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Top 5 Energy-Boosting Foods

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Top 5 Energy-Boosting Foods

“Low on energy” is the # 1 complaint of people who stay busy juggling a career, a relationship, kids, and a workout plan. Keeping up with all of these important activities requires a lot of energy!

There are all sorts of manufactured energy drinks, pills, bars, and “shots” on  the market, but none hold a candle to real, whole food.

Choose the right foods and you’ll get more nutrients for faster (and better), long-term energy, with a lot less sugar and calories and no artificial stimulants.

The best strategy is to eat small meals of energizing foods throughout the day, rather than infrequently binging on huge meals.

Keeping this in mind, here are the top 5 energy-boosting super foods that will give you true, lasting energy throughout the day:

1. Fruits: especially those high in potassium, an electrolyte that maintains normal nerve and muscle function. Unlike most nutrients, our body doesn’t store potassium for long periods of time. This means your potassium level can drop during times of stress or during strenuous exercise when it’s lost through sweating.

Great examples of high-potassium fruits are bananas, apricots, cantaloupe, and kiwi, which also contain fructose for liver glycogen, ready-to-use sugars, fiber, and lots of vitamins, minerals, and antioxidants. Other excellent energy-boosting fruits are apples, grapes, and peaches.

2. Quinoa: is a super-grain that’s actually a complete protein, which is very rare for a plant food. It is also a high-quality complex carbohydrate, high in fiber and iron, as well as calcium, which is necessary for proper muscle contraction.

Quinoa is also high in magnesium, which helps relax your muscles and blood vessels and has a positive effect on blood pressure. In addition, it’s full of phytonutrients, antioxidants, and can even help balance your blood sugar!

3. Oats: are a quality source of complex carbohydrates that are high in fiber, low on the glycemic index, and rich in energy-boosting B vitamins. I’m not talking about instant oatmeal, but rather old-fashioned oats, dry rolled oats, steel cut oats, or oat bran, which are a more natural (unprocessed or not man-made).

Because these kinds of oats aren’t broken down like instant oatmeal is, it takes longer for them to be processed within your body, providing a slower release of energy (meaning, sustained energy).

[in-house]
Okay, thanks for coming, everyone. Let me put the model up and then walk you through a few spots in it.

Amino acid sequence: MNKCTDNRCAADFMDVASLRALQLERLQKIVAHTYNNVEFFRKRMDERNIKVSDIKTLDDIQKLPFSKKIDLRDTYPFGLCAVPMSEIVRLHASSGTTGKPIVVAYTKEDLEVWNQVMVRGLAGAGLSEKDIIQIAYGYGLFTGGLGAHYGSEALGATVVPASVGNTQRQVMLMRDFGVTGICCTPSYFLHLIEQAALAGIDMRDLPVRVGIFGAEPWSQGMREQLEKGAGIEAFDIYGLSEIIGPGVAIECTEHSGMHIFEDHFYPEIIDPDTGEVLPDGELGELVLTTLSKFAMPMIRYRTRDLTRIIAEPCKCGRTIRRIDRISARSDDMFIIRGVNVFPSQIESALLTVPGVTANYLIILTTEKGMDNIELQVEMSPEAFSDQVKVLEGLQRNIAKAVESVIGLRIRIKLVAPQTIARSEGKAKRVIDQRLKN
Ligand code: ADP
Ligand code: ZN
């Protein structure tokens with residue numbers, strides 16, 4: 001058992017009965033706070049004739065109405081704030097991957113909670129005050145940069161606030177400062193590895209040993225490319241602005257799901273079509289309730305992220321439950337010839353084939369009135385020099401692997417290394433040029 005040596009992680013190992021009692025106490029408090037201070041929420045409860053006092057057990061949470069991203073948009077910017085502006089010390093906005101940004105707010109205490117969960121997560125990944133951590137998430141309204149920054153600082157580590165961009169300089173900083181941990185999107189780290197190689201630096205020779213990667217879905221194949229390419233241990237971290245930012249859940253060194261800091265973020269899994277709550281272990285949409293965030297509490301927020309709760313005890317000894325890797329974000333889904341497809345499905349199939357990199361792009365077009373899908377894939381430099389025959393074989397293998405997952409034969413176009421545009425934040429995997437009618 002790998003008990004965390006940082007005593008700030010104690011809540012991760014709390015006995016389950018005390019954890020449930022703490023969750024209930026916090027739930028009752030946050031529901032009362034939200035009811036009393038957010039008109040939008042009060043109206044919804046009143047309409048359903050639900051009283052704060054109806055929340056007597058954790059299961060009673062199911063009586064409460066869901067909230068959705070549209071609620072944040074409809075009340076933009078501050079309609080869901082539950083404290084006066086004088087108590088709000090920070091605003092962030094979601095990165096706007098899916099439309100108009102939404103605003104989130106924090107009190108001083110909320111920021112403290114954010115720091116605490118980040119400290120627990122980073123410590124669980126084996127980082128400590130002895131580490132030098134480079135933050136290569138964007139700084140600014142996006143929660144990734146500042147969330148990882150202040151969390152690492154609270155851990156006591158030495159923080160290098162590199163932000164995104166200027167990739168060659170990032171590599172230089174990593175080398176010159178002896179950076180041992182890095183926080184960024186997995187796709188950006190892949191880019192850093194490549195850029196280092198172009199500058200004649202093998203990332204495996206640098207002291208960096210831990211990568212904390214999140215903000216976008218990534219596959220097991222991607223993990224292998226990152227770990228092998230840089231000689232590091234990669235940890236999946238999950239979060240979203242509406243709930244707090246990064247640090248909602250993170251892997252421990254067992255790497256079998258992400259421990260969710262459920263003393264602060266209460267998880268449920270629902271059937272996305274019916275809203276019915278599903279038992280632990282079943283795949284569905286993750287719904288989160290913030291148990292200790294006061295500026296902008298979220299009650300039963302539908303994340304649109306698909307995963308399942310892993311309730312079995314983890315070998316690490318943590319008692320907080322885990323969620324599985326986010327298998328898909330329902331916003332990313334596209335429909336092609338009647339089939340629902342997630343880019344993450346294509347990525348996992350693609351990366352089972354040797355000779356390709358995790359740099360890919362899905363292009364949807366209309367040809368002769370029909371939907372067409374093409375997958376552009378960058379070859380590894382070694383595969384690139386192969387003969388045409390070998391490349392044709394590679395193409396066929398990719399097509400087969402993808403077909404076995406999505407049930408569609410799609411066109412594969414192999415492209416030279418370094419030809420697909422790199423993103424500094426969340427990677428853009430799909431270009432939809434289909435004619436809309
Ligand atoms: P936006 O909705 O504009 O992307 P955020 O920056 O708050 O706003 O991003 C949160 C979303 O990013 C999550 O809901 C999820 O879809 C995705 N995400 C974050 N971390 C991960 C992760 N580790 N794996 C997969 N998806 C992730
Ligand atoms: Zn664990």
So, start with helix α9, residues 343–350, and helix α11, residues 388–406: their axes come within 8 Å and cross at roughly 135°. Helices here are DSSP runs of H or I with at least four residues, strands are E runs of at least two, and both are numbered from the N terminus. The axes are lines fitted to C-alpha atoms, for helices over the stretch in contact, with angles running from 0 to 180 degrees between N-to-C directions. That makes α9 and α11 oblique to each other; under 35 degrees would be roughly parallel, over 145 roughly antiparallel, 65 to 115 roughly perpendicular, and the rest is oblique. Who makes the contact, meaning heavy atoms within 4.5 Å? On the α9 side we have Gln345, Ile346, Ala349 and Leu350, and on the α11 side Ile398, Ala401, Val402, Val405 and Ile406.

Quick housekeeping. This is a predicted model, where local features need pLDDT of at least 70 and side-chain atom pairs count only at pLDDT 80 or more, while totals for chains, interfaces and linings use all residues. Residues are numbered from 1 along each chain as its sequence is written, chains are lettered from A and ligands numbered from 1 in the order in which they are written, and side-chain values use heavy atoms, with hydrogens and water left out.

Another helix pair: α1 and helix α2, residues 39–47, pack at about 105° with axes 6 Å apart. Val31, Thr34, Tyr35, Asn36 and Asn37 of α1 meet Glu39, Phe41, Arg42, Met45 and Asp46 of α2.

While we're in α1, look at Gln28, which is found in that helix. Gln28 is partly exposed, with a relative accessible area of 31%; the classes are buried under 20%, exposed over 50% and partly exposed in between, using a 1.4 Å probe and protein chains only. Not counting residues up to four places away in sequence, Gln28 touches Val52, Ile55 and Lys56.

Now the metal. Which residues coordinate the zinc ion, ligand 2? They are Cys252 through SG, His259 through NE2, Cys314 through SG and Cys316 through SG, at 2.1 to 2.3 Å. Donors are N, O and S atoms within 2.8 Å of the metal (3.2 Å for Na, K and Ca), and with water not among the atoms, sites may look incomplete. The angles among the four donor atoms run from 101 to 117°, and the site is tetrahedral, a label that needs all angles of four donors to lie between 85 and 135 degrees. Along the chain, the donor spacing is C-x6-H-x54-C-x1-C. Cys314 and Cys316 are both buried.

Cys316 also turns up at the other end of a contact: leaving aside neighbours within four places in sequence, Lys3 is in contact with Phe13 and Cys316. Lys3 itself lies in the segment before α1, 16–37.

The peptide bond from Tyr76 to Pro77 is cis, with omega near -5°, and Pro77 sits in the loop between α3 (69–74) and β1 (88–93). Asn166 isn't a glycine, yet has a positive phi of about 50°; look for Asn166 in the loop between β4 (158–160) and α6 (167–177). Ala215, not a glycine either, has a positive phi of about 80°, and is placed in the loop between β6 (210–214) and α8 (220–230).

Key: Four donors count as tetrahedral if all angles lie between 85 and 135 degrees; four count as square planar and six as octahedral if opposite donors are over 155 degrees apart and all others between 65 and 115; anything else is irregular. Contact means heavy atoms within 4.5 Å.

Oats also contain stress-reducing B vitamins, which helps transform carbs into usable energy. And because they’re high in fiber, your body gets an ongoing stream of energy that gradually flows into your bloodstream, as opposed to a short-term spike that crashes soon after.

4. Seeds: such as flaxseed, chia seeds, and hemp seeds provide a great supply of fiber, healthy fats (including omega-3’s), vitamins, minerals, and antioxidants. Chia seeds are an especially great choice because they have a large amount of soluble fiber, which creates sort of a gel in your intestines.

This keeps you full and satisfied longer and provides time-release energy, which stabilizes your blood sugar and keeps your energy levels even during intense training or longer physical activities.

5. Lentils: are a great source of fiber, which again, translates to a slow release of glucose, as well as B vitamins, iron, magnesium, potassium, zinc, calcium and copper. They provide both carbohydrates and protein, making for a great, well-balanced addition to any meal.

In fact, protein helps slow down the digestion of food for sustained energy and lentils help reduce your cholesterol and blood pressure as well. Plus, they’re low in fat and calories! Beans (black, kidney, garbanzo, etc.) are also an energy-boosting food with similar benefits.

BONUS: In addition to these 5 foods, keep in mind that without water, your body cannot generate energy. Water makes it possible for your system to digest, absorb, and transport nutrients. It also helps regulate body temperature.

When you’re dehydrated, your cells receive nutrients for energy less efficiently, and your body can’t properly expend heat through sweating. Both conditions lead to fatigue.

Try to drink eight to ten 8-oz. glasses of water a day and you’ll be amazed at how much energy you get just from staying adequately hydrated.

I hope you found this helpful!

Fred realfit